July 07, 2009
Stage 4 TTT: Astana firing on all cylinders
If yesterday's Stage 3 was The Columbia Show, today was Astana Hour. Whatever the situation on the team bus, they worked as a single cohesive unit on the twisties around Montpellier, and built time gaps on many of the Tour's GC threats.
Early on, some big names hit the pavement, including Rabobank's Denis Menchov and Lampre's Alessandro Ballan. Four Bbox Bouygues Telecom riders misjudged a bend, and wound up in the rough. Later, Skil-Shimano's Piet Rooijakers broke his arm and left the course, leaving 178 riders in the race.
After the stage, many riders complained that the course was too technical for a TTT.
“We have bikes worth 10,000 Euro, and in the end we can't use them properly because we're just busy trying to hold balance instead of putting our power on the pedals."
Cadel Evans, who has made a point in the press how much more relaxed he is in this year's Tour, sprinted away from his squad as they approached the finish, leaving his teammates struggling to the line in 49:05, which would be 13th best on the day.
Garmin lost 4 riders in the first 12k, but were left with their five best TT men, who set new best times at the final three intermediate checkpoints, and finished in 46:29.
Saxo Bank, with yellow jersey Fabian Cancellara doing long, draft-horse quality pulls, turned in a very strong 47:09.
Columbia, possibly feeling the effects of that 30k race to the line on Stage 3, came in with a respectable 47:28, but trailed Garmin, Liquigas, and Saxo Bank at every intermediate check.
And then there was Astana. Leading the team competition, they were last to start, and they rotated smoothly with big pulls from Klöden, Leipheimer, Contador, and Armstrong. At the first time check, they were a little slower than Caisse d'Epargne, which had kicked the day off with a jackrabbit start they couldn't maintain, but Astana led at every later checkpoint. Once Saxo Bank finished, everyone was looking toward 46:29, the time that would put 7-time Tour champion Lance Armstrong back into yellow.
In the last few k, it became clear it would be pretty close. In the final k, it looked very close. In the last meters, it looked insanely, ridiculously close, until Astana came through in … 46:29. The Tour's offical website put Armstrong into yellow (and I followed suit), but not so fast. That 46:29 put Cancellara and Armstrong in a tie, so officials looked at the fractions of a second in Stage 1, and found that Cancellara had held the race lead by .22 second.
Officially, the leaderboard shows Cancellara first, with Armstrong second “at :00.” There was a suggestion (notably from Robbie McEwen via Twitter) that Armstrong sat up to leave Cancellara in yellow; I've watched it a couple of times, and can't see why you would go that hard to the line if you were that close to taking a yellow jersey you didn't want.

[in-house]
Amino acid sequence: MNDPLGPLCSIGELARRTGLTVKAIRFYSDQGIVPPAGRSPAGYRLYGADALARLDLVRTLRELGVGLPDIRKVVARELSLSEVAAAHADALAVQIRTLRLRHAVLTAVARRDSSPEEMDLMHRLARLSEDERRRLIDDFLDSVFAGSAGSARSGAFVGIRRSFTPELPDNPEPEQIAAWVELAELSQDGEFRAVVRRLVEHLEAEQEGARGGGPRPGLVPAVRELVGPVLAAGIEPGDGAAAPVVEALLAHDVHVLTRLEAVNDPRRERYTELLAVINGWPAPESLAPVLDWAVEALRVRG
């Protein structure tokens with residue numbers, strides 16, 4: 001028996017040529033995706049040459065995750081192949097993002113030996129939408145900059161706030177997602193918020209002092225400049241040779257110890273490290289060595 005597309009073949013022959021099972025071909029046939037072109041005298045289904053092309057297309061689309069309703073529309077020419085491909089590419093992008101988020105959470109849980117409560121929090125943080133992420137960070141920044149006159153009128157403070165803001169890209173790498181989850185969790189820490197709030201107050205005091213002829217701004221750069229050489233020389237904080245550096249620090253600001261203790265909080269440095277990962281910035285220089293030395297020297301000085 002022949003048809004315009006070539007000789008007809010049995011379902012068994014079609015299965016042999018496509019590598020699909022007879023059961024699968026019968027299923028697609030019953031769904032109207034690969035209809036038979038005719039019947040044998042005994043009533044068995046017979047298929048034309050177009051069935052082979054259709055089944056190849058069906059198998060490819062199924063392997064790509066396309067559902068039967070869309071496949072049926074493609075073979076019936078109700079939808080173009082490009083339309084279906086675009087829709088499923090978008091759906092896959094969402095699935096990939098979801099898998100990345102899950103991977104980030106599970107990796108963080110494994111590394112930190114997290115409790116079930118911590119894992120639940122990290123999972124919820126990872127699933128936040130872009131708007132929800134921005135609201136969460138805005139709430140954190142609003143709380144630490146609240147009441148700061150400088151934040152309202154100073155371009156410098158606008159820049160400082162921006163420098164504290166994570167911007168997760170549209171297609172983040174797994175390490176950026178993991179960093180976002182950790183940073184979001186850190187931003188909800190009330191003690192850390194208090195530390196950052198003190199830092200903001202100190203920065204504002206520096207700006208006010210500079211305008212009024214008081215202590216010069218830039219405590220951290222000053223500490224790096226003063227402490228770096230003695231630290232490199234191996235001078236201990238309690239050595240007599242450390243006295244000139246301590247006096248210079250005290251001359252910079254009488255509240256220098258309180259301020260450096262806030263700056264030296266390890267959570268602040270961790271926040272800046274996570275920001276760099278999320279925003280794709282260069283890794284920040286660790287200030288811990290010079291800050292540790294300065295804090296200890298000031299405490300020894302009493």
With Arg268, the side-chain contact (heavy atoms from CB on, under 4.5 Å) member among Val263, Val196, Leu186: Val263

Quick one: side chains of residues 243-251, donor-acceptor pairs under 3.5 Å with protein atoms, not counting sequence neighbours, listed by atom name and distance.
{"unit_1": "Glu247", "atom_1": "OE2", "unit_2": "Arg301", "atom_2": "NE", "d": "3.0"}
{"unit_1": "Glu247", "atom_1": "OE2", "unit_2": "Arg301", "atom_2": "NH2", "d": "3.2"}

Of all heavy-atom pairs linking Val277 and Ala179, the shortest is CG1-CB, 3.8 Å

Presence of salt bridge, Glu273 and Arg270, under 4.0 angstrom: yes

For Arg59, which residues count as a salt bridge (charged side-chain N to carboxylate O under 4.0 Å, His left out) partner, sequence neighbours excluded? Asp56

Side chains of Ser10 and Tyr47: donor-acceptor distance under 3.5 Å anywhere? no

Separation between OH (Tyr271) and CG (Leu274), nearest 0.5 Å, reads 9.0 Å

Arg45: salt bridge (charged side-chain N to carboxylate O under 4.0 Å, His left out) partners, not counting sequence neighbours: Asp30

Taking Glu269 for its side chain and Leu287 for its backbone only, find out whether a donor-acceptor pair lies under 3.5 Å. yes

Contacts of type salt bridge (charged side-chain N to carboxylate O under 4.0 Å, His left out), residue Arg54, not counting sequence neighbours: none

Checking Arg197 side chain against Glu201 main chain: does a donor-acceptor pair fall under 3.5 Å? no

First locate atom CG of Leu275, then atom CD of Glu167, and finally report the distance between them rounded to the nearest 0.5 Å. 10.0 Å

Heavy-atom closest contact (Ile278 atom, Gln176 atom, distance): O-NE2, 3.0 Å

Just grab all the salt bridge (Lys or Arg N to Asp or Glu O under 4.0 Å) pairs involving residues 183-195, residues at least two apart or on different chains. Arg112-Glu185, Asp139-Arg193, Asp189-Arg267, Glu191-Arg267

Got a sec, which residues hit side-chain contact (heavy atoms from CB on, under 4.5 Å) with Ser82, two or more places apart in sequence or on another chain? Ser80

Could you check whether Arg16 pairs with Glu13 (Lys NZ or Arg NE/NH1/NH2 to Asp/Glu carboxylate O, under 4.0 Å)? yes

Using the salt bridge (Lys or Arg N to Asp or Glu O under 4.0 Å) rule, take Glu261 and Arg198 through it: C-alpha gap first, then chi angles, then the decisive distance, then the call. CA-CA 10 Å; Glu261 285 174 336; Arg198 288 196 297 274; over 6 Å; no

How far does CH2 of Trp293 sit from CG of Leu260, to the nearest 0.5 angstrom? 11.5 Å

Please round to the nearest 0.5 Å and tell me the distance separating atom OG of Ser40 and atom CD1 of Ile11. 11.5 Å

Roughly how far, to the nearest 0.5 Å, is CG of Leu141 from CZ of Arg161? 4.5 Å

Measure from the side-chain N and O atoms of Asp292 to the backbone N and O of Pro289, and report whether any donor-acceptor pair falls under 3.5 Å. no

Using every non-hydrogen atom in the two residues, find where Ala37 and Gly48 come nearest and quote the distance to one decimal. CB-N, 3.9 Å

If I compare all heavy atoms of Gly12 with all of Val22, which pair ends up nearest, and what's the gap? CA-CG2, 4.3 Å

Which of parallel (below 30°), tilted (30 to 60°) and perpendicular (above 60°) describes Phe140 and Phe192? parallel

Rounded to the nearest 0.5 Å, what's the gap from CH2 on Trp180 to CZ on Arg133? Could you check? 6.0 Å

Of note: Liquigas was 4th, a big boost for Roman Kreuziger; my apologies to the Euskaltels, who were middle of the pack, finishing 10th at 2:09. Sastre ends the day 29th at 2:44, Evans 35th at 2:59, Pereiro 40th at 3:03. Menchov, who looked invincible in May, is in 72nd, 3:52 back.
1) Astana, in 46:29
2) Garmin-Slipstream, at :18
3) Team Saxo Bank, at :40
4) Liquigas, at :58
5) Team Columbia-HTC, at :58
6) Team Katusha, at 1:23
7) Caisse d'Epargne at 1:29
8) Cervelo Test Team, at 1:37
9) AG2R-La Mondiale, at 1:48
10) Euskaltel-Euskadi, at 2:09
GC after Stage 4:
1) Fabian Cancellara, Team Saxo Bank, in 10:38:07
2) Lance Armstrong, Astana, at :00
3) Alberto Contador, Astana, at :19
4) Andreas Klöden, Astana, at :23
5) Levi Leipheimer, Astana, at :31
6) Bradley Wiggins, Garmin-Slipstream, at :38
7) Haimar Zubeldia, Astana, at :51
8) Tony Martin, Columbia-HTC, at :52
9) David Zabriskie, Garmin-Slipstream, at 1:06
10) David Millar, Garmin-Slipstream, at 1:07
Posted by Frank Steele on July 7, 2009 in 2009 Stage 4 TTT, 2009 Tour de France, Alberto Contador, Cadel Evans, Carlos Sastre, Denis Menchov, Fabian Cancellara, Garmin-Chipotle, Jens Voigt, Lance Armstrong, Levi Leipheimer, Top Stories | Permalink | Comments (0) | TrackBack
Andreu and Armstrong: the history
Andreu, an ex-pro and ex-teammate of Armstrong's at US Postal (through 2000), does almost all the Versus rider interviews, but he and Armstrong have sparred in the media and in court over allegations by Andreu's wife that when Lance Armstrong was undergoing treatment for cancer, he admitted to a history using a variety of performance-enhancing drugs (NPR story, Armstrong's response).
Armstrong maintained that Betsy Andreu might have misunderstood a discussion with his doctors, and denied (and has consistently denied) that he ever took any banned drugs.
This accusation is also a big part of the feud Armstrong has had with Greg LeMond, who claims to have heard from another woman who was in the hospital room that day that Armstrong admitted to using banned substances. Stephanie McIlvain has maintained in court that she was in the room, did NOT hear Armstrong make any such admissions, and she has refused to speak to the press about the case.
Armstrong, who won the case for which Andreu was subpoenaed, has seemed personable with Andreu on air so far this year. Anyone with further insight?
VeloNews | Armstrong, Andreu back on speaking terms - Added July 8
Preview: Stage 4 TTT - Montpellier
One of the expected early-Tour showdowns unfolds today in Montpellier.
As with Stage 1, the 2009 team time trial is being run over a shorter distance than normal, 39 kilometers or about 24 miles. The shorter distance helps equalize for the elimination of the tiered time limits, which kept the weaker TT teams (cough, Euskaltel, cough) from falling hours behind on a 90-minute ride. The leading riders on a team all receive the time of the 5th rider across the line.